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They form the basis of the food chains, break down waste and recycle chemical elements such as nitrogen and phosphorus. Microbes such as unicellular algae have a role in photosynthesis, and many microbes live in the digestive of humans/ animals to aid digestion and synthesise certain vitamins. 'Biotechnology is the application of biological systems, organisms or processes in manufacturing or service industries...it is a composite science, involving microbiology, genetics, biochemistry and engineering', (Lowrie and Wells, 1994:38). Figure 1.2 shows the diversity of biotechnology Figure 1.2: Diversity of Biotechnology (Source: Madigan, et al, 2003: 6)
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This water bath is used in several activities. 2. 1 ml of apple juice and 3 ml of Benedict's solution are placed in a test tube, and a control is prepared. 3. The two tubes are placed in boiling water for 2-3 minutes. 4. The color of the solution is observed and note whether a precipitate has formed. 5. The test is repeated with coke, potatoes, onions and soy beans. Results are recorded. B) Starch Materials: * * Apple juice, coke, potatoes, onions, and soy beans * Test tubes * Iodine reagent Methods: 1.
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Once in the cytoplasm of the host cell the bacteria replicates and concomitantly becomes covered in host actin filaments. When the actin polymerises at the base of the actin 'tail' the bacteria is propelled to the edge of the host cell. Once at the cells' edge the bacteria protrude from the surface forming pseudopods. These are in turn recognised by neighbouring cells and the bacterium is internalised. The bacterium this time is internalised into a double membraned vacuole. These membranes are lysed by another pore-forming protein, phospholipase C (PLC), and the cycle begins again (adapted from Cossart and Lecuit, 1998).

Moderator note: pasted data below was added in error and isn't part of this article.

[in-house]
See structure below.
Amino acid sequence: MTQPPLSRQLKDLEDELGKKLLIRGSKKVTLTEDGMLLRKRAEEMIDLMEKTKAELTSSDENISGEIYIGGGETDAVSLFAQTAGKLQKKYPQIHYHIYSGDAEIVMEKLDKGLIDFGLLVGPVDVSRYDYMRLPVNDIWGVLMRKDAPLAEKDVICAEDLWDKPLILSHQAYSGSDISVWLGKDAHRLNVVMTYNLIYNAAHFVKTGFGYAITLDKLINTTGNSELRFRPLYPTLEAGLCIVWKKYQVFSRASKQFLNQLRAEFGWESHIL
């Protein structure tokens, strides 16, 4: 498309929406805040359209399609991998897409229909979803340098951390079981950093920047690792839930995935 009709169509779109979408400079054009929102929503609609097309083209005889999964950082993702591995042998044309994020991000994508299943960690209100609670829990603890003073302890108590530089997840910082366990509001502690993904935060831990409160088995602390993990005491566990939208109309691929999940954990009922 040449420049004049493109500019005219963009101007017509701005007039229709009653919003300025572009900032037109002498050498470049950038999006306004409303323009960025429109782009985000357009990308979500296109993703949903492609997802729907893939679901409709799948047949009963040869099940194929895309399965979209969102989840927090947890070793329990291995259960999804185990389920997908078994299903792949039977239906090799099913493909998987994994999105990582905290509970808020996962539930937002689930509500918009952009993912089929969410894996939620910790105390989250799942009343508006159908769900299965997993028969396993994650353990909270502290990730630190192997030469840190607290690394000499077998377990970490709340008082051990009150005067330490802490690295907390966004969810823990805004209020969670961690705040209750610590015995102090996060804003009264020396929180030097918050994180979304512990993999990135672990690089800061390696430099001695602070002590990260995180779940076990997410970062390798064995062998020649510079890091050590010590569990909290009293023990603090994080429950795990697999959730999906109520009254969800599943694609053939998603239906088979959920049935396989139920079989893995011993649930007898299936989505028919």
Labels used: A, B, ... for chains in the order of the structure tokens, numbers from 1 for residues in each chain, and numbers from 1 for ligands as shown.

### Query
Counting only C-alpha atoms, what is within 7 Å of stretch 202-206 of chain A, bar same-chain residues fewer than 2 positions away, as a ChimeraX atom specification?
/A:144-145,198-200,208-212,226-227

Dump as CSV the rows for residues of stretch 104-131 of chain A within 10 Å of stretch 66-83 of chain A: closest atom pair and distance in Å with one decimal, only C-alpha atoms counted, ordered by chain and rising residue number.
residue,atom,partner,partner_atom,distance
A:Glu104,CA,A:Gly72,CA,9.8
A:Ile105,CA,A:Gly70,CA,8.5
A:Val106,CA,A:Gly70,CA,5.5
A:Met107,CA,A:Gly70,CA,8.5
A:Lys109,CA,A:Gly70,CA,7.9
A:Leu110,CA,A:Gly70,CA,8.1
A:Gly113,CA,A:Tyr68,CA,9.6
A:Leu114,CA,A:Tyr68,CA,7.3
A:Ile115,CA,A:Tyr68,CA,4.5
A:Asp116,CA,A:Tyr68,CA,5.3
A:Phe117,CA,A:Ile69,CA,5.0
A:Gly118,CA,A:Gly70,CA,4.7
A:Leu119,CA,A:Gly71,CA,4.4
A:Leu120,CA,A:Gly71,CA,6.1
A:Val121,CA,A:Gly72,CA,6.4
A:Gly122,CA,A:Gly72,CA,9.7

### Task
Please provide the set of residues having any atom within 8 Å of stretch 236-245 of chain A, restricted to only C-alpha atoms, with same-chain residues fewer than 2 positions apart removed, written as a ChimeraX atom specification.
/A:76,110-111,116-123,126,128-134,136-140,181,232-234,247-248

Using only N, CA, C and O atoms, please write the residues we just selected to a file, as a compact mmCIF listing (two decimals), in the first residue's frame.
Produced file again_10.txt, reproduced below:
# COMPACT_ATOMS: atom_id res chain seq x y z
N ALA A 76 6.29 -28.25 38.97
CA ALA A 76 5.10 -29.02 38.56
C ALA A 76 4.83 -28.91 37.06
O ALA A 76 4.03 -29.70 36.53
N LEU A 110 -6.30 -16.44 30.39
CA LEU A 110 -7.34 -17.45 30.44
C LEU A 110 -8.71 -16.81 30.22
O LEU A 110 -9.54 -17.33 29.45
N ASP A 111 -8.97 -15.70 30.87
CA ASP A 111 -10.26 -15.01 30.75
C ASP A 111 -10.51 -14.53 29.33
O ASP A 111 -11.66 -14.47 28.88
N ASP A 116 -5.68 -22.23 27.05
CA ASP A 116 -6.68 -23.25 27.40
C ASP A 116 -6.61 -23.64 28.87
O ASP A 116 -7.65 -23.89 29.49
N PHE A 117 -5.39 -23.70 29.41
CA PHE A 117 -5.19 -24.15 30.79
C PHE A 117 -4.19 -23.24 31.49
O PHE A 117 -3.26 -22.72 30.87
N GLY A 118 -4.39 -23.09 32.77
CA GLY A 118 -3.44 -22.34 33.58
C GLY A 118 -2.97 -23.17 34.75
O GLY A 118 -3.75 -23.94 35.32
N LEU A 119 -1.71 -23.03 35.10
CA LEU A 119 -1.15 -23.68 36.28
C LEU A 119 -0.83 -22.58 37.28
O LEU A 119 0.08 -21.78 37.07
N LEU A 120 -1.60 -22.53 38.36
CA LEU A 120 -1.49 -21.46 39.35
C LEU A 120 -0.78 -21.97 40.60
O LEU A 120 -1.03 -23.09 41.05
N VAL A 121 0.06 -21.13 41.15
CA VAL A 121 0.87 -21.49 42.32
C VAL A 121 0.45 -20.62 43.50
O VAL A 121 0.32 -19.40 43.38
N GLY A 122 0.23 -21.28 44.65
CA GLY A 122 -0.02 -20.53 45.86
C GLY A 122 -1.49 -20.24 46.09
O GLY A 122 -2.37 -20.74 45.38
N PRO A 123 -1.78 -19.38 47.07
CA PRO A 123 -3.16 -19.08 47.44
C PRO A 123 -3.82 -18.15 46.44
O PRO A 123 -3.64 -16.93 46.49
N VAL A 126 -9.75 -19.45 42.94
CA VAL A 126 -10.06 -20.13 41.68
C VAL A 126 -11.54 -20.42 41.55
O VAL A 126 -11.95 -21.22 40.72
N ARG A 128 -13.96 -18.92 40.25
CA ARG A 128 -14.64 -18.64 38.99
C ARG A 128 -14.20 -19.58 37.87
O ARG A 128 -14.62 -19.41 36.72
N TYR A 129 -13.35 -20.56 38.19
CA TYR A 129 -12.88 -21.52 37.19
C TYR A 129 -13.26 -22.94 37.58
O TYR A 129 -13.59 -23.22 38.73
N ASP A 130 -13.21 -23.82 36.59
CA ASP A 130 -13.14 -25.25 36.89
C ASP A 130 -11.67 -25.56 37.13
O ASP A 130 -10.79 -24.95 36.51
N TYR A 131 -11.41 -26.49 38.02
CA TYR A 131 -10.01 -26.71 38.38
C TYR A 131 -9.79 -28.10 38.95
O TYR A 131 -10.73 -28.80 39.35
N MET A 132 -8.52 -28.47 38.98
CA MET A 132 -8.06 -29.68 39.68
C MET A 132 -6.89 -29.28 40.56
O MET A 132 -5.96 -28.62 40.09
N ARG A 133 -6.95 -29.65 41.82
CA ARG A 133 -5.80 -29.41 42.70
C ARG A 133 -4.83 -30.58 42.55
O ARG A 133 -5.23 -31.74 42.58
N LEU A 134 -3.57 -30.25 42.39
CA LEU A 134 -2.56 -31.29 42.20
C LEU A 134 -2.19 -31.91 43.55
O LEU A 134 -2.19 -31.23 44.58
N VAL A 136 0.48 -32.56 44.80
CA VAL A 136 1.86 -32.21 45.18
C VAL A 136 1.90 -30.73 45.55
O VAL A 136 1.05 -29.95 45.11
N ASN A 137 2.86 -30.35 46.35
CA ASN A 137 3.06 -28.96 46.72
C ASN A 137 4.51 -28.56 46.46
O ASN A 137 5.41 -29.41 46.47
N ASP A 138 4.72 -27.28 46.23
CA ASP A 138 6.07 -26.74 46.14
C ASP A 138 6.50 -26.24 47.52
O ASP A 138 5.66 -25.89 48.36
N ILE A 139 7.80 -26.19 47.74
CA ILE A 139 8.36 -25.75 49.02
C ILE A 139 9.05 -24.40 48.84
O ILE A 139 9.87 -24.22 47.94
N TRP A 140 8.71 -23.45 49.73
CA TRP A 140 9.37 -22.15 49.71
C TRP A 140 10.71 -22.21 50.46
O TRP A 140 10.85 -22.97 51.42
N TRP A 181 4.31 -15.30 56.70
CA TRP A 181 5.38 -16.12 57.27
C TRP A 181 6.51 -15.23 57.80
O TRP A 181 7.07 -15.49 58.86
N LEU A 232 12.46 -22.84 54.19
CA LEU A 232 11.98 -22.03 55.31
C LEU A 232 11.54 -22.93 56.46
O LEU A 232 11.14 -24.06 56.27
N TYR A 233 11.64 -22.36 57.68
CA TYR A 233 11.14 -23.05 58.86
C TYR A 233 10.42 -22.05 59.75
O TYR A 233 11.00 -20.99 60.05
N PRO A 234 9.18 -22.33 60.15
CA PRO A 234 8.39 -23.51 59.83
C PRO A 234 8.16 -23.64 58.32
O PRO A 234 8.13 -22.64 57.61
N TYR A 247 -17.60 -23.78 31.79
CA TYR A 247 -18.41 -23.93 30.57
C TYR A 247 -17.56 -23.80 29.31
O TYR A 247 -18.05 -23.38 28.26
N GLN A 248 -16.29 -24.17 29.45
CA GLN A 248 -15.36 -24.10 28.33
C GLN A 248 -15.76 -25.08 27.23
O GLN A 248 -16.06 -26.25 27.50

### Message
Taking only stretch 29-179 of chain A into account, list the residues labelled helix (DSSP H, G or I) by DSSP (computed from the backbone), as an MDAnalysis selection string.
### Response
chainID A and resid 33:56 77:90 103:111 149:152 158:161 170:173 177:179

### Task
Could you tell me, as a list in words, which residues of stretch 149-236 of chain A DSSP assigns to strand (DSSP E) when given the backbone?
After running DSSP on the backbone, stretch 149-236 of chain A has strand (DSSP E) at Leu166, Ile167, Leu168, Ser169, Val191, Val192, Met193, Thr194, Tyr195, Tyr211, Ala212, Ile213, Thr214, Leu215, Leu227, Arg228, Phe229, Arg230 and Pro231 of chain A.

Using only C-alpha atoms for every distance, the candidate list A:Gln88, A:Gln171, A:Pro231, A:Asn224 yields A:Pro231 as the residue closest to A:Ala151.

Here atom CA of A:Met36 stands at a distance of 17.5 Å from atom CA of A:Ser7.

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Variables In this experiment, the variable that is measured- the "dependent variable" is the volume of oxygen evolved which is an indication of the activity of catalase in the reaction. The variables which have an effect on the amount of oxygen evolved- the "independent variables" are: * Volume of hydrogen peroxide * Presence of copper sulphate * Time Other factors which are not necessary for the experiment- confounding variables but will have an effect on the dependent variable (volume of oxygen evolved)
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Qualification and quantification of microorganisms in soil role of microorganisms in the nitrogen cycle.
There may be hundreds of millions to billions of microbes in a single gram (Table 1). The most numerous microbes in soil are the bacteria followed in decreasing numerical order by the actinomycetes, the fungi, adapted for exploiting the three-dimensional pore network of the soil, soil algae and cyanobacteria (photosynthetic microbes which can add small amounts of carbon to soil) and soil protozoa (unicellular soil organisms that decompose organic materials as well as consume large numbers of bacteria) (Sylvia et al., 1998). Microbial Group No./Gram of soil Bacteria 100,000,000 - 1,000,000,000 Fungi 100,000 - 1,000,000 Algae and Cyanobacteria 1000 - 1,000,000 Protozoa 1000 - 100,000 Table 1: Numbers of Microbes in Soil Source: Sylvia, Fuhrmann, Hartel and Zuberer, 1998.
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This method shows that enzymes with their precise structure fit perfectly into their substrate to break it down. If their structure changes just slightly then they will be unable to fit precisely into their substrate's shape and they will be useless. Background Information and secondary sources used: Biological Studies by Henry Wilkinson, published by Nelson, page number 46. Encarta '97 Prediction In the experiment I shall be testing six different temperatures: 20?, 30?C, 40?C, 50?C, 60?C and 70?C. This leaves a range of 50?C and I feel that this is a wide enough variety to obtain a valid conclusion.